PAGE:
The Salon Doré (shortly after its installation at The Corcoran Gallery)

National Geographic, 1931

Other furniture was designed to be used, and arranged within the space – including console tables, a rolltop desk, a card table, a sofa, six fauteuils (armchairs), eight chaises à la reine (flat-back chairs), and four bergères (upholstered armchairs). These chairs were simpler than the architectural ones, in that their frames were uncarved – however, as a sign of wealth, gilding was added.

The Salon Doré

The Corcoran Gallery, 1980s

More than a century later, an American millionaire, Senator William Andrews Clark, purchased the Salon Doré, and had it installed in his nine-story Fifth Avenue manse, that in 1908, the New York Times called “New York’s Most Expensive Private Mansion”. Having traveled extensively to Europe, Senator Clark grew particularly fond of France, and wanted the Fifth Avenue home that he was constructing to be a “French palace”. Because the square room was reconfigured to fit a rectangular space, the existing elements had to be rearranged, and new elements added – including windows, pilasters, and two additional trophy panels (Theatre and Sports).

Left – The Salon Doré pre-restoration

Right – The Salon Doré post-restoration

In addition a new cornice and capitals were made from plaster – as the originals had remained in Paris, along with the original painted ceiling. For reasons unknown, Clark purchased a ceiling (painted on canvas) from an adjacent dining room of the hôtel de Clermont, and had it installed in the salon. As an aside, some may recognize the Clark name from last summer when his 104 year old daughter, Huguette Clark, made international news for her vast fortune, and extremely reclusive ways.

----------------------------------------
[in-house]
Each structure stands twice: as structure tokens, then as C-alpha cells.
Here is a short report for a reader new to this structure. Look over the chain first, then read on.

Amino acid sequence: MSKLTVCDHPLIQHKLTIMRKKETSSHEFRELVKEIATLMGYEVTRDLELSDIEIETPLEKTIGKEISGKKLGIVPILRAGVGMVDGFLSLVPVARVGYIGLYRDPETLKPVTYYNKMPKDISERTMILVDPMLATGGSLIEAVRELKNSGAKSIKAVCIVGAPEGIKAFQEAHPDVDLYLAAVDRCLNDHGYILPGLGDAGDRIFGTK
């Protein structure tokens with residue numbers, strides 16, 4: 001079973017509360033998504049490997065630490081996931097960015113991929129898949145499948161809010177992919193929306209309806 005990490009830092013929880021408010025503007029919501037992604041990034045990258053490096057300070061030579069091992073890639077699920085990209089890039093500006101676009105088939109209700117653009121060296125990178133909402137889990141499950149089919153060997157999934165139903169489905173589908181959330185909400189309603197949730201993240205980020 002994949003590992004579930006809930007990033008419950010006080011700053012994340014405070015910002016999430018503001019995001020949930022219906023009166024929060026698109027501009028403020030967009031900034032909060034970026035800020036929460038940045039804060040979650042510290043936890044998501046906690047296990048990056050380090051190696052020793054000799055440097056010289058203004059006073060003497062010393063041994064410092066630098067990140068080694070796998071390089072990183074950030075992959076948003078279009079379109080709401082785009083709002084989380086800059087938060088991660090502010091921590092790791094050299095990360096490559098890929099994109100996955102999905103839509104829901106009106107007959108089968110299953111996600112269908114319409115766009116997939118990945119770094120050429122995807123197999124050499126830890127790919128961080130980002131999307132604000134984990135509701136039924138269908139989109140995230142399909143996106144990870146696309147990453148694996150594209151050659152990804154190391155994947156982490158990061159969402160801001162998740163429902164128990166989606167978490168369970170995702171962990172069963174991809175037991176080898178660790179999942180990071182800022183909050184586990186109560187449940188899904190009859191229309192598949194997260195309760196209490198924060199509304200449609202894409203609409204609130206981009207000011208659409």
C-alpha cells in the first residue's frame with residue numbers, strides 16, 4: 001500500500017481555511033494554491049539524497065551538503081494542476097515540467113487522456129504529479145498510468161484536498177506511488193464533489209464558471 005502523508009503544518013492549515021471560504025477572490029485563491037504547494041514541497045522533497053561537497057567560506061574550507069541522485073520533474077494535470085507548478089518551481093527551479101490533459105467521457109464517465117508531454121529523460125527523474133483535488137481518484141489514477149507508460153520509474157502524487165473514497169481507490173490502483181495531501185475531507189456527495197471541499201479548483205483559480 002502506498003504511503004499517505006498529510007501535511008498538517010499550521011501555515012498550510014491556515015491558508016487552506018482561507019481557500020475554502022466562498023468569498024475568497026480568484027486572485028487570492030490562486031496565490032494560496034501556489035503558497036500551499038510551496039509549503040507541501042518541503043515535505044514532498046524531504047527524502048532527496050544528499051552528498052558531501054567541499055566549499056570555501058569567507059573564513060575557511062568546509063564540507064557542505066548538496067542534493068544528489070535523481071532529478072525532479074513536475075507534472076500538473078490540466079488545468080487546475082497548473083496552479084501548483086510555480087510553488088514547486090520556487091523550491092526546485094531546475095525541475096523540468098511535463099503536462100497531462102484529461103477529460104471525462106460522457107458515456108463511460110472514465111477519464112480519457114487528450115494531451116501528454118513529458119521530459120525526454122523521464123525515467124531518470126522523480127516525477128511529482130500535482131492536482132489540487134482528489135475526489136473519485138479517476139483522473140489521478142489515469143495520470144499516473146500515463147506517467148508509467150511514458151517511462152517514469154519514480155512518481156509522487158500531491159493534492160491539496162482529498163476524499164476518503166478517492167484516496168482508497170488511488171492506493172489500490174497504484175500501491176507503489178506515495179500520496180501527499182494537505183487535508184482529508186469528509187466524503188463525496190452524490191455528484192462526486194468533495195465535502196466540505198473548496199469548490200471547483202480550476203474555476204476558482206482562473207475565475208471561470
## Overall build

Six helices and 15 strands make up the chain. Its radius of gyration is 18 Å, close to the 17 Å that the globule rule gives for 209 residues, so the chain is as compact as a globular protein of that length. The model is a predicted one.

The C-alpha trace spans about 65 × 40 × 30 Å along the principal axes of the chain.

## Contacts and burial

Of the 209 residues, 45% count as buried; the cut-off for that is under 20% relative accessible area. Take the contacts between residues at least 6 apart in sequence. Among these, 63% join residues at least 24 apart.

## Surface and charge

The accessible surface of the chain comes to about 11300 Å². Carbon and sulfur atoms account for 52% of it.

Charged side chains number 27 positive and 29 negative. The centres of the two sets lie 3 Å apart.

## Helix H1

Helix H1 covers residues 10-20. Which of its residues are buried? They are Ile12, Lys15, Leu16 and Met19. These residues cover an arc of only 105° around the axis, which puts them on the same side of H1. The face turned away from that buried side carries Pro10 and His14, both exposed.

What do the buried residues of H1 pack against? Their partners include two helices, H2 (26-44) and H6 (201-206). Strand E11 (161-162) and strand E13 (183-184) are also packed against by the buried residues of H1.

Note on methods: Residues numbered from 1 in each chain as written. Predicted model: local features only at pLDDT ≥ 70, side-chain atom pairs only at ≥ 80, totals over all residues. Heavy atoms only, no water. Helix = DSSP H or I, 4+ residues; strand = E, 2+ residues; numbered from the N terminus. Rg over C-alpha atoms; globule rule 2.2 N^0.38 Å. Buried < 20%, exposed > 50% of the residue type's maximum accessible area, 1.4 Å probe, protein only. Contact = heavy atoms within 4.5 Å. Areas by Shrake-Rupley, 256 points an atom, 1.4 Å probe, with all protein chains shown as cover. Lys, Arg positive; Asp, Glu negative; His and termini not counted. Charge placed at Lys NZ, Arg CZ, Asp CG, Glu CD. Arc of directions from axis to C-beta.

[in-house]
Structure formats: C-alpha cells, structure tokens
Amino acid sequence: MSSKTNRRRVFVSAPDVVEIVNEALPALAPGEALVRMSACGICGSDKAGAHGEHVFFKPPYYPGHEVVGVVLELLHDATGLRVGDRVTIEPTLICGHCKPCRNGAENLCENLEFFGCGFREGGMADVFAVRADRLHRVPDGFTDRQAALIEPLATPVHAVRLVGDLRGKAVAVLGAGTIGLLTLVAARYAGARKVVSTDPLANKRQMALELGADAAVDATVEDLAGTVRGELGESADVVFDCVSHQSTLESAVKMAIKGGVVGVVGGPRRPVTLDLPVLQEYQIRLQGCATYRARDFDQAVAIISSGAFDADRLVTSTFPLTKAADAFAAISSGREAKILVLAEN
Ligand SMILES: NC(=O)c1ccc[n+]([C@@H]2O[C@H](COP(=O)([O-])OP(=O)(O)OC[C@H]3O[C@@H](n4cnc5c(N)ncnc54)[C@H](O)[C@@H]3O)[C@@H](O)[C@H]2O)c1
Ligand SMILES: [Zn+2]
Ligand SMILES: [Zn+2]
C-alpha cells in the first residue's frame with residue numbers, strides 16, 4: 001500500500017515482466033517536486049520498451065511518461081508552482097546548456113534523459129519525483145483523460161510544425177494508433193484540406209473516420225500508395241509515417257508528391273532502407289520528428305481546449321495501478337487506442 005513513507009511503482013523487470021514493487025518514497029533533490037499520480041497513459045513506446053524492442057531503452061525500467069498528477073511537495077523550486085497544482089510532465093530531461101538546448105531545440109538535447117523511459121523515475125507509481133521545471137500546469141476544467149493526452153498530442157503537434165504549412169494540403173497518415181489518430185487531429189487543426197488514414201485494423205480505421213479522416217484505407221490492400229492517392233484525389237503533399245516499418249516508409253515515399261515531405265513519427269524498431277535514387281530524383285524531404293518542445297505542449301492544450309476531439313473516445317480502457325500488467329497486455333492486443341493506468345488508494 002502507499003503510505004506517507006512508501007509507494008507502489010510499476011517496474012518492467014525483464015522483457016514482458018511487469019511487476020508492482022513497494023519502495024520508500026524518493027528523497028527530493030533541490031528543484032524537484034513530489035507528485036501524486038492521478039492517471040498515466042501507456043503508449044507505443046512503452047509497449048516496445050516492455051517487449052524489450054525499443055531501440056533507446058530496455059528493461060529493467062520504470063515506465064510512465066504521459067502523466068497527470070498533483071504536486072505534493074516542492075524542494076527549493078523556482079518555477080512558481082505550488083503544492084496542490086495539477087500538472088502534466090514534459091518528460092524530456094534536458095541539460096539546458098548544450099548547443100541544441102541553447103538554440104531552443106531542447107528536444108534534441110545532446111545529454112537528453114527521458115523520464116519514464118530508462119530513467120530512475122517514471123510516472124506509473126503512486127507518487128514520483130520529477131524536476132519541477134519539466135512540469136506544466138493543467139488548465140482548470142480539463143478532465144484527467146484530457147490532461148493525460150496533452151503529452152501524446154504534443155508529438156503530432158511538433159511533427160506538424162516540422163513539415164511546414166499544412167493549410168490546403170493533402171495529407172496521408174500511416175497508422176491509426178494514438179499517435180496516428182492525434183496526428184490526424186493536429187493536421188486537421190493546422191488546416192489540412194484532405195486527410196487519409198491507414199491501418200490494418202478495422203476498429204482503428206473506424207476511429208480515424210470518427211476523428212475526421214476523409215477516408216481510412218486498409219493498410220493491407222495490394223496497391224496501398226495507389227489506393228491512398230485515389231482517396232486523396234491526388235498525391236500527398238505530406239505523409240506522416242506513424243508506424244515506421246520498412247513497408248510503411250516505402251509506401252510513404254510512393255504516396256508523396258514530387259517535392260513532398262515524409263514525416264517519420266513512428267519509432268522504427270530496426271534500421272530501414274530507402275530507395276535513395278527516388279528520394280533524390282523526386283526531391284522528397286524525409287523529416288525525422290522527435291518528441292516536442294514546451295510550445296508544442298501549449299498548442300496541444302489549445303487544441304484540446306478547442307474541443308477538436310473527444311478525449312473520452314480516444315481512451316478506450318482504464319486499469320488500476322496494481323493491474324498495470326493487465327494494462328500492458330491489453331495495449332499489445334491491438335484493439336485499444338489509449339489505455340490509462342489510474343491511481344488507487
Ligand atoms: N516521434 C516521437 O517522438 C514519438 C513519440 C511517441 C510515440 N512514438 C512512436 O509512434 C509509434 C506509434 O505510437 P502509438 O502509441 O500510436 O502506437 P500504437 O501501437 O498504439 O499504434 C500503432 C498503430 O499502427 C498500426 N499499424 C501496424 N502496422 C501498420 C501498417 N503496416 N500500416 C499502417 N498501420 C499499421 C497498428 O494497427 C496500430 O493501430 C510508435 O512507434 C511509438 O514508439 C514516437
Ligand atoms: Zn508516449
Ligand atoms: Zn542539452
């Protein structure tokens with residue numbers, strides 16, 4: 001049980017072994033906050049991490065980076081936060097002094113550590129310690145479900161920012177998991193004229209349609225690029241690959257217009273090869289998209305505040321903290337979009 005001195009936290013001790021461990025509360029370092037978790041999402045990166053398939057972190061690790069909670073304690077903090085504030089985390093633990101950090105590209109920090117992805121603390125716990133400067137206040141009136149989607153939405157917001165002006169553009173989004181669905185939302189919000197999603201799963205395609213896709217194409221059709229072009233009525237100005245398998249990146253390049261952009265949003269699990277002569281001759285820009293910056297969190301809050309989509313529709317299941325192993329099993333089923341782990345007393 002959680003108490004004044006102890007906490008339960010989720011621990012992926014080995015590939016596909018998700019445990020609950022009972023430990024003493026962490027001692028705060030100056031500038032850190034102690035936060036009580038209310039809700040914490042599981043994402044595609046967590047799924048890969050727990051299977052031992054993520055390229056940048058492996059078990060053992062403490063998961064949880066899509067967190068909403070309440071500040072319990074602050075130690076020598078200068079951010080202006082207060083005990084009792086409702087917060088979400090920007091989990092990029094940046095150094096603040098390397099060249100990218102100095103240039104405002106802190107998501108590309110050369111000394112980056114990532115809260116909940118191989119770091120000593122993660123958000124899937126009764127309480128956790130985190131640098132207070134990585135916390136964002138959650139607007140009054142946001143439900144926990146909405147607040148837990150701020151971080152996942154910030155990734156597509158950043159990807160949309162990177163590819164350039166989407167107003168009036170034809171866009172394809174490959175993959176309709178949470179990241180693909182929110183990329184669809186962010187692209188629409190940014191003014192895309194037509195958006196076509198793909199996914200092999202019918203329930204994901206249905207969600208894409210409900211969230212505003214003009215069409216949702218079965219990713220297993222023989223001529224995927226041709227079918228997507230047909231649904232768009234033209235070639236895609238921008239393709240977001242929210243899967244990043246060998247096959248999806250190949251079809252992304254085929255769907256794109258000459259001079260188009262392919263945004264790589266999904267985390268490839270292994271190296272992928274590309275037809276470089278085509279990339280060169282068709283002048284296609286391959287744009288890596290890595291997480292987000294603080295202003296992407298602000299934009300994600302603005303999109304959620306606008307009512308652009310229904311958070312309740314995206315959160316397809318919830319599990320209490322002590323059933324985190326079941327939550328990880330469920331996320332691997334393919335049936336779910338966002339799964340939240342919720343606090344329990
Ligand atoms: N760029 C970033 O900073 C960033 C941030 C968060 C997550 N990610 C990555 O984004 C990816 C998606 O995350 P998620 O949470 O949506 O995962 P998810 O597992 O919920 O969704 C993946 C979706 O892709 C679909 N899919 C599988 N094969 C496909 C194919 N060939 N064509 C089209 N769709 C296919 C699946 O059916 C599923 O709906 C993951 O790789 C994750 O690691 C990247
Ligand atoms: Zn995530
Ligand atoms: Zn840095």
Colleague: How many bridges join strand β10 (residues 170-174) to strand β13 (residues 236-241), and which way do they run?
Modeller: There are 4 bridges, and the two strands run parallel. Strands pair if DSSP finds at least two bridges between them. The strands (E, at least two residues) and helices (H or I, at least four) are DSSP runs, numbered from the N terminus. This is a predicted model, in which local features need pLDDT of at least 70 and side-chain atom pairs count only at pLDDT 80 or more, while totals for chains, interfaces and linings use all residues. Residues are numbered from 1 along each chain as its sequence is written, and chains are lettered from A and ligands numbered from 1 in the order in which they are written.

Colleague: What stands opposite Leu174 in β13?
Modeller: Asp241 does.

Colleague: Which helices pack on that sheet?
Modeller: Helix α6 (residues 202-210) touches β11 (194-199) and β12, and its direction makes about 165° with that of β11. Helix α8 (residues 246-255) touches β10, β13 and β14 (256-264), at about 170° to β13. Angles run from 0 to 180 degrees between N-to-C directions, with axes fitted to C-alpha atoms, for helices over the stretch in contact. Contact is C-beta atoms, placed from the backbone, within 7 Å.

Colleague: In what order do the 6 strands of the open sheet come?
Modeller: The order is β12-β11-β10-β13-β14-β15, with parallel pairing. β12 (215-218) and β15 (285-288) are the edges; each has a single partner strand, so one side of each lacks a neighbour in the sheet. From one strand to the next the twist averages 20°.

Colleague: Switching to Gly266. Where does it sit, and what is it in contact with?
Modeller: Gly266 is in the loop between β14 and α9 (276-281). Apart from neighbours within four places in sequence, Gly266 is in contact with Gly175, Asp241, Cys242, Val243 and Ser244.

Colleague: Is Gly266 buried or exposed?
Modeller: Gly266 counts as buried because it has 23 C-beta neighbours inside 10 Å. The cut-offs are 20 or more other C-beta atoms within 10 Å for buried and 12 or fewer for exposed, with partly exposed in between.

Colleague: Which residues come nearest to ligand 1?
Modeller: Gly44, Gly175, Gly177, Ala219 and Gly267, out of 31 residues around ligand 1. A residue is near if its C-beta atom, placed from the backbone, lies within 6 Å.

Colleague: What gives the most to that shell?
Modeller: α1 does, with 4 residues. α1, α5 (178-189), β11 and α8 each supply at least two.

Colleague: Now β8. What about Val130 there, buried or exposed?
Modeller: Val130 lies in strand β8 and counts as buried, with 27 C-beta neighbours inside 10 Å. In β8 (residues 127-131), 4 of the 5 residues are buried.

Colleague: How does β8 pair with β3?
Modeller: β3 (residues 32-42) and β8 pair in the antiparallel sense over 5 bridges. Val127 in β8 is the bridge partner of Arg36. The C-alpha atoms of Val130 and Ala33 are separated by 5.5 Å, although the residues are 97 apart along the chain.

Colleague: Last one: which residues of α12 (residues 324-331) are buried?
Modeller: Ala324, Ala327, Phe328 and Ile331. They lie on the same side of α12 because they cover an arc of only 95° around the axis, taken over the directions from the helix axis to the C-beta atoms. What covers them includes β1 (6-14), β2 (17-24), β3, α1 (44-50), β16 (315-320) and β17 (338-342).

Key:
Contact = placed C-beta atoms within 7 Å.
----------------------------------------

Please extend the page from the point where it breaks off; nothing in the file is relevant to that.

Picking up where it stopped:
Left – The Salon Doré pre-restoration

Right – The Salon Doré post-restoration

Upon his death in 1925, the Senator’s vast collection of art, including the Salon Doré, was bequeathed to the Corcoran Gallery of Art. Clark’s will had named the nearby Metropolitan Museum of Art as primary benefactor – however board members of the museum passed on the bequest, feeling that they were unable to accommodate certain restrictions and stipulations. Three years later, the Clark wing of the Corcoran opened to the public.

The Salon Doré, West Wall